Dan Stein: New asylum rules protect true refugees and the integrity of the process

Since Congressional Democrats adamantly refuse to close gaping loopholes in our political asylum system that have triggered a crisis at our southern border, the White House is stepping in. The Departments of Homeland Security (DHS) and Justice (DOJ) jointly issued an interim rule that bars people who enter, or attempt to enter, the United States illegally from seeking political asylum if they failed to request asylum in a safe third country they had transited on their way to the United States.

This is common sense: true refugees don’t get to pick and choose where they seek asylum.


In short, the new rule makes it clear that the purpose of political asylum is to protect people who are in imminent danger in their homelands, not to provide them their ideal landing spot. People who claim to be fleeing persecution in their homelands have an obligation to seek protection in the first safe country they arrive in.

“Safe” means free from persecution and retribution.  Safe does not mean economically prosperous, or even a lack of crime. Rather, it means protecting them outside the borders of the countries where they claim to fear for their lives or physical safety.

Our current asylum process is a shambles. It allows economic migrants to exploit our humanitarian policies. Migrants understand that setting foot on U.S. soil and entering a request for political asylum is a virtual guarantee that they will be released into the country, pending a hearing on their case sometime in the distant future, which many do not show up for. A mere 11 percent of asylum claims are ultimately granted, but nearly all of the other 89 percent remain in the country as illegal immigrants, knowing there is little chance that they will ever be removed.

The abuse of our political asylum process is not only making a mockery of our humanitarian policies, but it is paralyzing our immigration court system – predictably overwhelmed by an unlimited number of cases marching across our borders. There are now some 900,000 pending asylum cases in our immigration courts, more than 100,000 of which have been entered just since the start of the current fiscal year. These ever-growing backlogs and our limited capacity to detain people pending a hearing are themselves an invitation for more abuse.

In a world awash in people who suffer legitimate persecution, and the limited capacity of the United States and other Western nations to absorb refugees, allowing the widespread abuse of our asylum policies is unconscionable and unfair. The current chaos allows entry to migrants who have the ability to reach our borders, either because of proximity or the ability to pay smugglers to get them here from far-flung parts of the globe, while legitimate refugees wait years, even decades, to be resettled.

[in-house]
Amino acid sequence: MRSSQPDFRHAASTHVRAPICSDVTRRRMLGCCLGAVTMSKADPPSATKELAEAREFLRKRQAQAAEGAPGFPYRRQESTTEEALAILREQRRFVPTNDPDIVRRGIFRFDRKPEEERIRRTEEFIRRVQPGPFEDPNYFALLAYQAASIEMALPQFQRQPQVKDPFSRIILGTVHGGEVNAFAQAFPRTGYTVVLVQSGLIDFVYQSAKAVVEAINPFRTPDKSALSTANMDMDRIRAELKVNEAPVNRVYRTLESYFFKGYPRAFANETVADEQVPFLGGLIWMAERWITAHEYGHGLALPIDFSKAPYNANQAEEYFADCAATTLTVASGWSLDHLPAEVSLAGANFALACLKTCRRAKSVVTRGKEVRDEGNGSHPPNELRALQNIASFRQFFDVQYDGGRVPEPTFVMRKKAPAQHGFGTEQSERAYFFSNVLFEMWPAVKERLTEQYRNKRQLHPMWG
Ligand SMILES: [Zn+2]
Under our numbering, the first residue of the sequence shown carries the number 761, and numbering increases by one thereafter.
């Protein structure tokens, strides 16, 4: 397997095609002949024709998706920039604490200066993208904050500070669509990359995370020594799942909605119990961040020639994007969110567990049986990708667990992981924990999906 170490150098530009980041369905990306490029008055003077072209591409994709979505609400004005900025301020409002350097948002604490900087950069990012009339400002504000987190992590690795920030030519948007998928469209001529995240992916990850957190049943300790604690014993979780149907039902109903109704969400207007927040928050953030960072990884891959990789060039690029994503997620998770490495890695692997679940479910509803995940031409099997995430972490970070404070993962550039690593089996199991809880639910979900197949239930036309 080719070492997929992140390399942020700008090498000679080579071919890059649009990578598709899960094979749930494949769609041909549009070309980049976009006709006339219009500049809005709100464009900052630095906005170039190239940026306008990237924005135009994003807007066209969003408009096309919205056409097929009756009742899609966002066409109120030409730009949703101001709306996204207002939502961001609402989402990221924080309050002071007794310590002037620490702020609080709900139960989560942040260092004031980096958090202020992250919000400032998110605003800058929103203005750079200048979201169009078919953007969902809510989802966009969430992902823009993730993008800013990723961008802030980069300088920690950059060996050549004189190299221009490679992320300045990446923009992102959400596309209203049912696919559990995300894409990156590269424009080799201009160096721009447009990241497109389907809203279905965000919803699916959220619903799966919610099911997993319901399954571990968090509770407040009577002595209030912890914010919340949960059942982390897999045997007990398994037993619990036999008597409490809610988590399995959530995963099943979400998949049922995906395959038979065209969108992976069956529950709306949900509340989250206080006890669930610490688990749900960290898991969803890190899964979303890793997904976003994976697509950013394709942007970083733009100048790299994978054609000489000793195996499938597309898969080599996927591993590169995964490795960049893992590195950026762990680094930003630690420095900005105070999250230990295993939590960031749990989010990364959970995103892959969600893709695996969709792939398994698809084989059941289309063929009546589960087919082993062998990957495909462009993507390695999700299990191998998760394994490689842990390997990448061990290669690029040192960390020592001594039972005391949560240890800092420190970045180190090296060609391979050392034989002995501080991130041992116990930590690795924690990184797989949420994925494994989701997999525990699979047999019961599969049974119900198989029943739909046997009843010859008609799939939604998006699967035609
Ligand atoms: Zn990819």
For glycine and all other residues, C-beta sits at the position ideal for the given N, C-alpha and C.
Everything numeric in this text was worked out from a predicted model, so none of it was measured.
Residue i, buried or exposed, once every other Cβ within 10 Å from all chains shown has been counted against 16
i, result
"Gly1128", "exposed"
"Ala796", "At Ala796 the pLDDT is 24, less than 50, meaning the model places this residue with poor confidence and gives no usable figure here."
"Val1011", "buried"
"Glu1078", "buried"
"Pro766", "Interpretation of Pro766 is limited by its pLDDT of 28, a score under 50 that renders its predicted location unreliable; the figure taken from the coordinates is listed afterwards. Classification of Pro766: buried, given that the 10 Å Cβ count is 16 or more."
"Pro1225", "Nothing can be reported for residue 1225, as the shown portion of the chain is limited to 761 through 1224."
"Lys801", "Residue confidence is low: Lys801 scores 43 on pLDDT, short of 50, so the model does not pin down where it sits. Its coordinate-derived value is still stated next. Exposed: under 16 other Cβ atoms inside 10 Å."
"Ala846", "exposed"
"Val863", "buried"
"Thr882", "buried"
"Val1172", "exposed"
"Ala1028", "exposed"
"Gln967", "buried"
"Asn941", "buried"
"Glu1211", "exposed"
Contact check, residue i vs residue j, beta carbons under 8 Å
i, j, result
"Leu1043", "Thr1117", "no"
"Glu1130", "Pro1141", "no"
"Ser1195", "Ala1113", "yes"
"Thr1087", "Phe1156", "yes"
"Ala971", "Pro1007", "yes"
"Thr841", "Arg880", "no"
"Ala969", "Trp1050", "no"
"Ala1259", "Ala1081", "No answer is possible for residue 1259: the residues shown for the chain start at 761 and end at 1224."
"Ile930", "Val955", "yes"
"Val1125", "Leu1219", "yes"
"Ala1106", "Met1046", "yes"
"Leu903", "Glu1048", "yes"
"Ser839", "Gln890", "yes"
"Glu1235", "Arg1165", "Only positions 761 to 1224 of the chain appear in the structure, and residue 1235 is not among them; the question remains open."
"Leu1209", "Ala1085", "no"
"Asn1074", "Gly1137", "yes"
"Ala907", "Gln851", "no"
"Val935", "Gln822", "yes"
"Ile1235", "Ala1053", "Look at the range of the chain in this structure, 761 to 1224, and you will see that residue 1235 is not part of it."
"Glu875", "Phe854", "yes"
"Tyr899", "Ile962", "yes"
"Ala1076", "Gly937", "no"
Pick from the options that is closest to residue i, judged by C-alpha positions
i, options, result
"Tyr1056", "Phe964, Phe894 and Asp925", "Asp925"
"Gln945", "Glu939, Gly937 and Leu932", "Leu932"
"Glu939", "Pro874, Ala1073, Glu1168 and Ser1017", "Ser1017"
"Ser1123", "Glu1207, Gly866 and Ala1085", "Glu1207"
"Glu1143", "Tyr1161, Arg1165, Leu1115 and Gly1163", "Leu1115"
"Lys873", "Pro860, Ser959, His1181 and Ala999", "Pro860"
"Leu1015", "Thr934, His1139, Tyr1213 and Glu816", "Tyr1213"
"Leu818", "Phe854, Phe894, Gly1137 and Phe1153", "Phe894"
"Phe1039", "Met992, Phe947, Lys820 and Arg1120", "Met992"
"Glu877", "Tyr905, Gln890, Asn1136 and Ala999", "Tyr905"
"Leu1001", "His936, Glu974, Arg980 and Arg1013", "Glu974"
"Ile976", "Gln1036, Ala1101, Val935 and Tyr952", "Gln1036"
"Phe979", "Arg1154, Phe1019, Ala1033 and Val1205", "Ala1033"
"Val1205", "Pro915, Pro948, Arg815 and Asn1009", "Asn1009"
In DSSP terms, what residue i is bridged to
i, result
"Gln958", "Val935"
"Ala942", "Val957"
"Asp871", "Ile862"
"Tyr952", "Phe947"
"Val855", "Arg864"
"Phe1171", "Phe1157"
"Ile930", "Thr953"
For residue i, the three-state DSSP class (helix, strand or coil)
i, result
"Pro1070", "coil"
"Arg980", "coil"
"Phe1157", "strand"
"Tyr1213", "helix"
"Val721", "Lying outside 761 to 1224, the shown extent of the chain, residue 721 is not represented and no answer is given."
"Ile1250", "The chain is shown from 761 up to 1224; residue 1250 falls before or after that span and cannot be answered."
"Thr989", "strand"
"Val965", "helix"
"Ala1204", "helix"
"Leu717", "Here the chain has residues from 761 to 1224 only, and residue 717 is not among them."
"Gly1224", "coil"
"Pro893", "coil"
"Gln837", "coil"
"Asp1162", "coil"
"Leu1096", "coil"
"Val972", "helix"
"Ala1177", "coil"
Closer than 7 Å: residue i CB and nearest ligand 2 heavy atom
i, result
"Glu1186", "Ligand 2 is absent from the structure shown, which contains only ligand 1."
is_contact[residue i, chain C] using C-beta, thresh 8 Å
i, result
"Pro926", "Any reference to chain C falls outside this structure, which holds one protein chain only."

Policymaking by the issuance of administrative rules is never ideal. But in the face of an ever-worsening crisis and politically-driven obstruction of needed reforms to our asylum laws in Congress, the action by DHS and DOJ is the only option for putting an end to the clear abuse of our humanitarian policies. Section 208 of the INA, 8 U.S.C. 1158, delegates to the Attorney General and the Secretary of Homeland Security the authority to establish “any other conditions or limitations on the consideration of an application for asylum.”

The rule issued by DOJ and DHS falls well within the authority delegated to those departments, and well within the realm of common sense. Evidence clearly suggests that the surge of asylum seekers at our southern border is not being driven by worsening conditions in the primary Central American sending countries. While violence and social dysfunction continue to be hallmarks of those countries, murder rates in the region have fallen in recent years. Rather, it is the near certainty of admission to the United States, and the vastly better economic conditions here, that are driving the border crisis.

The new asylum rule will not leave anyone who is in need of protection without it. True refugees who need a safe haven will get it in the first country that is a signatory to international conventions on the protection of refugees and asylum seekers. Mexico, the country through which most asylum seekers transit on their way to the U.S. border, is not only a signatory, but also strengthened its commitment to protecting refugees as recently as 2011.


Under the new rule, the United States will continue to honor its legal and moral obligation to allow people to seek asylum when this is the first safe country they arrive in, at a U.S. embassy or consulate anywhere in the world, or even at a legal port of entry. But we have no legal or moral obligation to allow people to crash our borders in order to file specious asylum claims in the expectation that they will be allowed to remain here indefinitely.

Our asylum process and judicial system were designed to offer protection to those who need it and to uphold our laws. Instead, they are being used to create intolerable chaos and paralysis that must be stopped.